When we considered buying our fifth wheel, we found other Arctic Fox owners, and learned that all of them were extremely happy with the durability and reliability of the manufacturer.

Buying a new rig will not guarantee that things won’t go wrong, but it sure decreases your odds. And while Dave would disapprove and some people will tell you that only suckers buy an extended warranty to go along with their RV, the $1700 warranty we bought has paid for itself about threefold since we bought our rig, on a handful of very expensive repairs that would have hurt our finances otherwise.

Are You Financially Ready?

We are not retired, nor are we rich wealthy. We just decided to plan accordingly – and take a leap of faith – to support this lifestyle. So far, so good!

For anyone who’s thinking about hitting the road, getting your financial house in order isn’t the most fun thing to dream about, but it’s vital to keep your dream alive.

If you’re not already diligent about budgeting and planning for an ordinary lifestyle, you need to get started. Road tripping will simplify your life but it won’t get rid of financial commitments that need to be managed wherever you live.

Download our free fulltime RVing budget spreadsheet to start planning your own road trip adventure!

With our next post in this series we’ll dive into budgeting for the full-timing experience in much more detail, but for now here are some general areas of consideration:

  • Do you know how you will pay for your road trip lifestyle?

Answer this question by thinking about the ways you might support your lifestyle…

Career Considerations

  • Can you earn income anywhere with your current career?
  • What types of work are you willing to do while on the road?
  • Would you consider workamping to save on rent or supplement your income?
  • Are you willing to take a pay cut in order to live this lifestyle?
  • Do you need to start a new career to become more mobile?
  • What about starting a small business?
  • If you can see yourself as an entrepreneur, what type of work would make you happiest?

We could publish an entire book about how to pay for a road tripping lifestyle. But for now, we share the various proven income methods that work for us in our remote home based business e-book, Income Anywhere!

Stay tuned for the rest of this series here sharing more details about about budgeting and how to support yourself so you can love life on the road.

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6 Responses to “How To Prepare for Full-Time RVing Lifestyle, Part I”

  1. Thank you so much for such a well sourced and informative article(as well as an amazing website).

    My wife and I are both 45 and at the point of analyzing and considering how and where we want to spend the next 15+ years of our lives. Living in Montana there is so much to do and the area is so attractive, we are considering augmenting our lifestyle by potentially renting our house out during certain periods and seasons.

    Our kids will be off to college in 4-5 years and so it just makes sense to continue our adventure!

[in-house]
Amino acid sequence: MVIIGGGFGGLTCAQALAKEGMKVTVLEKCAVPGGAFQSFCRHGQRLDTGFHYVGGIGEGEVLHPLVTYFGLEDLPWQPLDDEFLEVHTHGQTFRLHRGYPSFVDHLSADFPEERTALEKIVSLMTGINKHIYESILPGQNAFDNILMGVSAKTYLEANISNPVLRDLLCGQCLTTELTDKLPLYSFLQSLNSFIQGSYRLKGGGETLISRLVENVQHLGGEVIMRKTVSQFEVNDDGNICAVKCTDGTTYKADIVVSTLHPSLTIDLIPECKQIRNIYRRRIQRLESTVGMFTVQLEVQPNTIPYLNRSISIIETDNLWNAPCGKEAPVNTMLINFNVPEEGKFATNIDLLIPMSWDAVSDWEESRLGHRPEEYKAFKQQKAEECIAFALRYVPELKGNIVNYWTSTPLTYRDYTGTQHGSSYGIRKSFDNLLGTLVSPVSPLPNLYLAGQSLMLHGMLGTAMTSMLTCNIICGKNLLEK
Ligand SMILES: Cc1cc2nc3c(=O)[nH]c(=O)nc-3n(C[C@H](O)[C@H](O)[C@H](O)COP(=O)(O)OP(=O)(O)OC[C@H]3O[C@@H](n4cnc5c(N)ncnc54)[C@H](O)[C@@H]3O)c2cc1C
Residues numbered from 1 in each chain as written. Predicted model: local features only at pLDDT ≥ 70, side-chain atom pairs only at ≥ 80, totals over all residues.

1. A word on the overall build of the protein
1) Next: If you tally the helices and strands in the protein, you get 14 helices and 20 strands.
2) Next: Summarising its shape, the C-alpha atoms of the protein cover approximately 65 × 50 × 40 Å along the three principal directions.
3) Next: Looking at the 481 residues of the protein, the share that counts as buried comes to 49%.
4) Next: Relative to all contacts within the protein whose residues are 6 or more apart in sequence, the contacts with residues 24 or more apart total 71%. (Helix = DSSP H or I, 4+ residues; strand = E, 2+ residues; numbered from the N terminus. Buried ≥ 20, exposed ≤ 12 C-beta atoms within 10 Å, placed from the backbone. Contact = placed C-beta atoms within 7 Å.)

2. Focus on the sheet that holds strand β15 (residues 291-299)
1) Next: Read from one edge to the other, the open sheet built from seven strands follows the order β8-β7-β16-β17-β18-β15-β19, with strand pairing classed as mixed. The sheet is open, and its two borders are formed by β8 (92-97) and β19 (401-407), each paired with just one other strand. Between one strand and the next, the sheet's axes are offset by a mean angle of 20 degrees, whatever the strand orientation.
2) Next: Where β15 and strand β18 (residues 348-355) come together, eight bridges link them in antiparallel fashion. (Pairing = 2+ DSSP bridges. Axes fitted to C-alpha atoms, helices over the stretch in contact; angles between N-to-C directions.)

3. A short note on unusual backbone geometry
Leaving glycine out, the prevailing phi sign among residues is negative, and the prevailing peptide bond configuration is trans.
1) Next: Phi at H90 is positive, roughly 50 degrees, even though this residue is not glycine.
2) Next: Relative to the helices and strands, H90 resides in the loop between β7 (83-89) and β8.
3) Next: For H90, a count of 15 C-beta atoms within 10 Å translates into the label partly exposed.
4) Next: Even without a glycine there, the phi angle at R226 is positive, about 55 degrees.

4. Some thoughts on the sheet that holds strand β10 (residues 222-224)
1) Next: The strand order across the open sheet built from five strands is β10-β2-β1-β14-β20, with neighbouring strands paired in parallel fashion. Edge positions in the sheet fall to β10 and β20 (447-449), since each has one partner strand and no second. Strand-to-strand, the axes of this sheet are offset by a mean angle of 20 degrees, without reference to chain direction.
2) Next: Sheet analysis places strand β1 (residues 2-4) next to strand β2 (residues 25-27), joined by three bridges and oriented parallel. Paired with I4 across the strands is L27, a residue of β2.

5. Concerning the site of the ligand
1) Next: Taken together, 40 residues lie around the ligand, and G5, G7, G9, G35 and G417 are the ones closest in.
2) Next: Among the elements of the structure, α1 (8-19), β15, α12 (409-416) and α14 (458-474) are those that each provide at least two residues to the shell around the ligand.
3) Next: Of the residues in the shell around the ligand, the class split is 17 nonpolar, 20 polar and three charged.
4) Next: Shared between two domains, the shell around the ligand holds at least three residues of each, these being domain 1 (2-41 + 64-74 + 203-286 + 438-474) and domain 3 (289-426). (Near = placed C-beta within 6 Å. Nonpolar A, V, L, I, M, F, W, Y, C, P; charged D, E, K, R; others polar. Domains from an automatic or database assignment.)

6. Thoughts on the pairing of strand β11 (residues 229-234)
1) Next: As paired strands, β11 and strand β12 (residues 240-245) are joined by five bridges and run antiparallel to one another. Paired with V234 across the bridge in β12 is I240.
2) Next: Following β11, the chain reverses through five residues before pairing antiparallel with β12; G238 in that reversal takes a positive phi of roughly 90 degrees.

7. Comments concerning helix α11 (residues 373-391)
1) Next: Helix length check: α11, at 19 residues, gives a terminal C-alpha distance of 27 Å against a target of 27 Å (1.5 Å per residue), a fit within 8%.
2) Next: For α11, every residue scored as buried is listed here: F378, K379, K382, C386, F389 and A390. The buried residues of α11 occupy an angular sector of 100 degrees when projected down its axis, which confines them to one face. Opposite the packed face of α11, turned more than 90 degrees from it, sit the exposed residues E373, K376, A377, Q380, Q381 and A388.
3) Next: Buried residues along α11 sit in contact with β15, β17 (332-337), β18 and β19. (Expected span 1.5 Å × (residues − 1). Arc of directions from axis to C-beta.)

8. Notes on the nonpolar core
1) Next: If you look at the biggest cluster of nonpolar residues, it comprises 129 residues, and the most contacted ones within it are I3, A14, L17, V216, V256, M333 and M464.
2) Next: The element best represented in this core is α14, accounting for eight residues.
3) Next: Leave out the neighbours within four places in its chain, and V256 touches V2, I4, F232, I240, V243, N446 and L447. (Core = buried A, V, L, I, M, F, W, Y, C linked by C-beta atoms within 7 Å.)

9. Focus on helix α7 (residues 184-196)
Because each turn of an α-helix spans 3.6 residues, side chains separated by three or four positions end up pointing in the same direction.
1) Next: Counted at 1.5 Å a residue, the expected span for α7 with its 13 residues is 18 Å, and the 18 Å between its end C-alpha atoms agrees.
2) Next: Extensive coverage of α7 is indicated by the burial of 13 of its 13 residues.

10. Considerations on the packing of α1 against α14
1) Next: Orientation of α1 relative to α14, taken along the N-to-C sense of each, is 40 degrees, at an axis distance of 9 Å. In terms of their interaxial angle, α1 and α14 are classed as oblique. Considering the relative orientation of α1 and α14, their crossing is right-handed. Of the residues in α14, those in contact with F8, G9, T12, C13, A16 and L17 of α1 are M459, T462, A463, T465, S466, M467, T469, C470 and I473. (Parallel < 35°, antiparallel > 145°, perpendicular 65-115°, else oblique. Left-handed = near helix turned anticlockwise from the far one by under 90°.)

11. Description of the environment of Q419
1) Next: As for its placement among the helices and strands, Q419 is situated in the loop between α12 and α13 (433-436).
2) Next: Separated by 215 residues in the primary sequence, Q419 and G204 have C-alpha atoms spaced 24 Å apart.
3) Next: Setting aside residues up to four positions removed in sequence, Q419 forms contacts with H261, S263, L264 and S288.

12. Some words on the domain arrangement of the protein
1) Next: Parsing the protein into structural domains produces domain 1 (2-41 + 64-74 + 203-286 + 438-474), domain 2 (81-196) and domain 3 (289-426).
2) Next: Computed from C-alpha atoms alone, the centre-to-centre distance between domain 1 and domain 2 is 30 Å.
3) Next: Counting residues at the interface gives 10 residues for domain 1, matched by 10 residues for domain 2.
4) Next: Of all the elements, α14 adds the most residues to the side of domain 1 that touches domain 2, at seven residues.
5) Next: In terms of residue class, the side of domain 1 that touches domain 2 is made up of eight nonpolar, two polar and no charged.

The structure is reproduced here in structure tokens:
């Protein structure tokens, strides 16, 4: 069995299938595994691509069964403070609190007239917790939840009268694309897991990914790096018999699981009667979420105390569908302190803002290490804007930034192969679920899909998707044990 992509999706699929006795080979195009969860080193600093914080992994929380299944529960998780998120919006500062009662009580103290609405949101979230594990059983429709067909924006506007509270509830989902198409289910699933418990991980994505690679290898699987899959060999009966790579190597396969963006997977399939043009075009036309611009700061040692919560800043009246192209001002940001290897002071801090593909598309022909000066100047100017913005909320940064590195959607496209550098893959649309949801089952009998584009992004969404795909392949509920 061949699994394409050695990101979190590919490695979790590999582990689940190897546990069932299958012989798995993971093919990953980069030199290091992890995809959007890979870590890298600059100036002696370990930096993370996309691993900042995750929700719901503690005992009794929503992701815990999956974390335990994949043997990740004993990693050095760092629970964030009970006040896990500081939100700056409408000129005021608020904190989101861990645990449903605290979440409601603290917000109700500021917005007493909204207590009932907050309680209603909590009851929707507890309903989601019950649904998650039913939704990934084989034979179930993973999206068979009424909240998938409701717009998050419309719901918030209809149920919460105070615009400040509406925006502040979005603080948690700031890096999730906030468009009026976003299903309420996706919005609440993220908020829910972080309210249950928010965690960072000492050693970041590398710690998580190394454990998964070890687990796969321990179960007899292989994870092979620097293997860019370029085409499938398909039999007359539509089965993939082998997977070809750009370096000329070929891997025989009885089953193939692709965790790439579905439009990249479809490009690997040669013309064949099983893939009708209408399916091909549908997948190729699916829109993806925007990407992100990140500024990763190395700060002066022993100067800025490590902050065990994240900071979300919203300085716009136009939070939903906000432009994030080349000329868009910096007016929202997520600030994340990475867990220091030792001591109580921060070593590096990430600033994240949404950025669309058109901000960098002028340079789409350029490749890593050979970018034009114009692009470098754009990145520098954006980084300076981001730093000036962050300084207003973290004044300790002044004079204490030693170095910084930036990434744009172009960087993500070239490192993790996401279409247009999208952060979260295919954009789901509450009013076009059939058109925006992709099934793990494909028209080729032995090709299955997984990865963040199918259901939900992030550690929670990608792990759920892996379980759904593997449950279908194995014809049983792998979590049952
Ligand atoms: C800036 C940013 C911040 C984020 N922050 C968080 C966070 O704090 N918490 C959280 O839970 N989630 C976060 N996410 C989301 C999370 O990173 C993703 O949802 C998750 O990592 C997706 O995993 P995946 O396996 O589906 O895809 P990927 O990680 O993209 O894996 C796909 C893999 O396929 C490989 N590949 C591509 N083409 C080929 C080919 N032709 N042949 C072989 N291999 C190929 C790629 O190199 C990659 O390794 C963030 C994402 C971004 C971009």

I am considering a class b at this point, Unity or Etrek..but have no real clue other than being smitten by glossy brochures and a brief lot visit-yes i know this is a bit premature, but if we’re talking about nurturing our dream board, getting finances in order ect. then I suppose I should be the best prepared as possible.

    Anyway, my point is I appreciate your knowledge and sharing of experiences. The links are also awesome, especially for me trying to gather as much as I can.

    The only request I have(although I’m sure I will have others) is some clarification on how to budget realistic numbers into a purchase price. In order to try and budget realistically, I can’t for the life of me, figure out what a safe and realistic % off of MSRP is! I’ve seen everything from a 15-30% discount. Is that realistic with these Mercedes Sprinter’s?

    Anyway, you have a new reader and I again thank you for your hard work!

    John Carnes

    • John, thank you for your thoughtful comment and suggestions. I say; do it! Get out there on the road and don’t let anything stop you and your wife from living your dream. But I do have one suggestion: when we first started thinking about full-timing, we considered a Class B. At the time we had no idea that our adventure would turn into a lifestyle. Had we purchased a Road Trek or some other small RV like that, Jim and I would have killed each other within months. Granted, our 24′ fifth wheel is by no means large, but I can’t see how we could have survived the trials & tribulations of full-timing in anything smaller. In fact, a RV sales rep once told us “I always have people say they bought too small . . . I never hear anyone say they bought too big!”

      When it comes to budgeting for a rig, are you talking about buying new or used?

  2. I have always thought about how life would be if I choose to do RVing for a lifestyle. Based on this post and breakdown I dont know if it would fit the wifey or myself. She loves community and being able to see people on a regular. RV would mean we usually are on the go. I think this is something we could do for a few weeks out of the year but not long term. There are a lot of things that fit for us such as my career being online by nature so moving and traveling is not a problem for me but the wifey would need an office and set location.

  3. Great articles guys, looking forward to the rest of this series. It’s provided a lot of great ideas for my wife and I. We’ve been planning our own escape which will take place in Dec of 2014.